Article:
Deloitte Global Report Addresses Growth Of Luxury Goods
The study showed that the world’s top 100 firms generated revenues of approx. $385 billion in the 2019 fiscal year.
Tradition and responsiveness are two aspects that have always characterised luxury companies and they will be further required to overcome the challenges in the post-COVID-19 landscape, according to the 2020 edition of “Global Powers of Luxury Goods” study compiled by Deloitte.
The report highlighted how the pandemic is acting as a divider between the old and new ways of doing business, with changing consumer behaviour significantly affecting luxury goods companies’ strategies.
In particular, digitalisation is opening new possibilities, while embracing sustainability and a circular economy will be key for luxury players not only in terms of business but also reputation.
“Although luxury goods companies were initially slow to adopt digital technologies, the pandemic has accelerated the use of artificial intelligence and augmented reality applications to develop rapid responses to the needs of their target of reference in a moment of emergency,” says Deloitte’s fashion and luxury leader for Italy Giovanni Faccioli.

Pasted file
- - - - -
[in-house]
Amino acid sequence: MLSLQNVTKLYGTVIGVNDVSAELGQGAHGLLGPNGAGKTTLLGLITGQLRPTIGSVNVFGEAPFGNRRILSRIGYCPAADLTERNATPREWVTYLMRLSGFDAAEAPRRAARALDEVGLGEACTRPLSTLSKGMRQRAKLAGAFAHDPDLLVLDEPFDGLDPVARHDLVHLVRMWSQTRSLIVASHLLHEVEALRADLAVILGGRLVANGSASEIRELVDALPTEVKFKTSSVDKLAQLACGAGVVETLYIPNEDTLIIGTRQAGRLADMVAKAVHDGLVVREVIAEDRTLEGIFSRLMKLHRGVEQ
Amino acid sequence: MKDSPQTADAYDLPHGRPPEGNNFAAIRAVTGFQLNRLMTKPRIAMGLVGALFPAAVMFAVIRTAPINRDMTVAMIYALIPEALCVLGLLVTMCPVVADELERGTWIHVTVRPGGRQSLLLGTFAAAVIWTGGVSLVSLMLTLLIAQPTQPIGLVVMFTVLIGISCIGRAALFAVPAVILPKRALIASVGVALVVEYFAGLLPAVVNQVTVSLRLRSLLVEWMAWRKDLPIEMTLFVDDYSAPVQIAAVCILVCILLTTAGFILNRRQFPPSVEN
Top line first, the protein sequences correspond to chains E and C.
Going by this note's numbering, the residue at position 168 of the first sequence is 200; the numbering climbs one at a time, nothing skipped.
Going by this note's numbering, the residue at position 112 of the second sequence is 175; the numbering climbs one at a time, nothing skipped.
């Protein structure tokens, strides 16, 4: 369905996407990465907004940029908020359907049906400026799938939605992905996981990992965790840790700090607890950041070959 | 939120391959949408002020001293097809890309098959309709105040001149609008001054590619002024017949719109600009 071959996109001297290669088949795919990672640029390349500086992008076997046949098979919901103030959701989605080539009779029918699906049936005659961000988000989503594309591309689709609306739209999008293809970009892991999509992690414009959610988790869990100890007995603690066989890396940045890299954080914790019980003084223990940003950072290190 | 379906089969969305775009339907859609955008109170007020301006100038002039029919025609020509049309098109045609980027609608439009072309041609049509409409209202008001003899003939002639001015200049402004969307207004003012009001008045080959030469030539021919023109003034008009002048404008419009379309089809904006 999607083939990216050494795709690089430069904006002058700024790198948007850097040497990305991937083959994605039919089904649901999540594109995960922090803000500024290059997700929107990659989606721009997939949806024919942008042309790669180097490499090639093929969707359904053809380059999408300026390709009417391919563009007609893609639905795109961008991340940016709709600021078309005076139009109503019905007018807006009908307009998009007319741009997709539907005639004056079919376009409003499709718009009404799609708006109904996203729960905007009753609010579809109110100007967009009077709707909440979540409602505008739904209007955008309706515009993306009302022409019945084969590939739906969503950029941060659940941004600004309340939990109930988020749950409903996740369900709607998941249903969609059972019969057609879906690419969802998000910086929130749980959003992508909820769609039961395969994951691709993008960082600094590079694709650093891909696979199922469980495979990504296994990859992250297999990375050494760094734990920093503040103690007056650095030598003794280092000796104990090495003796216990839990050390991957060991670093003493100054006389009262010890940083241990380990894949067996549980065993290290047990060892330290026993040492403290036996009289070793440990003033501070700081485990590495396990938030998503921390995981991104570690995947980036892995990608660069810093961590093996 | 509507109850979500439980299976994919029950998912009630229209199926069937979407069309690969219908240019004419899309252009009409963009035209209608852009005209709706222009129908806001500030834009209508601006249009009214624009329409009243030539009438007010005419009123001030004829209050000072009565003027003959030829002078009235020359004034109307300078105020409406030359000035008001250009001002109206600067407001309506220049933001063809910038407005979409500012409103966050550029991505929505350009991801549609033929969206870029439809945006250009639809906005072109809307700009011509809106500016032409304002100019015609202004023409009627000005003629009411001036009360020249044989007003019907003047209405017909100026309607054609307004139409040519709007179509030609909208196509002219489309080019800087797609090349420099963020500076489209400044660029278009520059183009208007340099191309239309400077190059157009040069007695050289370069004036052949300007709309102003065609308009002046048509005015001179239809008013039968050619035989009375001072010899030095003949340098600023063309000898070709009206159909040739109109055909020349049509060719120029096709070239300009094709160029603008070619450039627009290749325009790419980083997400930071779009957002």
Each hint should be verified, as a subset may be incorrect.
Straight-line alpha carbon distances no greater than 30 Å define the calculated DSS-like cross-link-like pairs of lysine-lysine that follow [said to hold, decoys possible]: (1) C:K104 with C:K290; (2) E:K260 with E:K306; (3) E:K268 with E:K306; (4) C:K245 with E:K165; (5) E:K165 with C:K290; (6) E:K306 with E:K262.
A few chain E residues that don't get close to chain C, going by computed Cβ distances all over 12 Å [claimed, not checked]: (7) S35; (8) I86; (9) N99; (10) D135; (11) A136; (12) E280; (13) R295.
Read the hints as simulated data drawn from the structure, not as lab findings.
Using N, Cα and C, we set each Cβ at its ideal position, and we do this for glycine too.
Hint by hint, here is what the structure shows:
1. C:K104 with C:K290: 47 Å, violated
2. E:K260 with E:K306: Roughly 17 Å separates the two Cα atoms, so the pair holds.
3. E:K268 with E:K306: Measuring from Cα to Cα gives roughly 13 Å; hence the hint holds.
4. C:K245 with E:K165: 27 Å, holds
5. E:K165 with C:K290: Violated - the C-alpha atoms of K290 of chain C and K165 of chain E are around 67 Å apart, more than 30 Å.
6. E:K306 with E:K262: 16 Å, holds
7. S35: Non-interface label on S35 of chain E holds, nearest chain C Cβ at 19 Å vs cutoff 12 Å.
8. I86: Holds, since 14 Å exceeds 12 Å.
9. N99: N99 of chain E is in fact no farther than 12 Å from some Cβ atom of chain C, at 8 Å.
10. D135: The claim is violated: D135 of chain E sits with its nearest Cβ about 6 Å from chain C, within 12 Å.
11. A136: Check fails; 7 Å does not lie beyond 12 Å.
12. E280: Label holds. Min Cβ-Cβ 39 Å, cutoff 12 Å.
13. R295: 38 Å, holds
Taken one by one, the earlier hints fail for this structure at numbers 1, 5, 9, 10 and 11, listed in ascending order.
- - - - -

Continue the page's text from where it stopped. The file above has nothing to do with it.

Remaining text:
As digitalisation is here to stay, Faccioli urged that it is “therefore becoming increasingly important for companies to have the right technologies available that allow accurate and rapid data collection and analysis, to implement new strategies aimed at increasing customer loyalty.” Yet physical stores offering a unique customer experience won’t be replaced by digital platforms but will remain the main point of reference for customers.
“Along with ominichannel and multichannel strategies, sustainability will be another element that will play a key role in the coming months,” continues Patrizia Arienti, Deloitte EMEA fashion and luxury leader.
Global luxury brands have been investing significantly in green technologies and other measures, such as carbon offsetting to fight against climate change, but further effort is required to match consumer expectations.
“Being sustainable does not mean limiting oneself to supply chain innovations. It involves embracing new values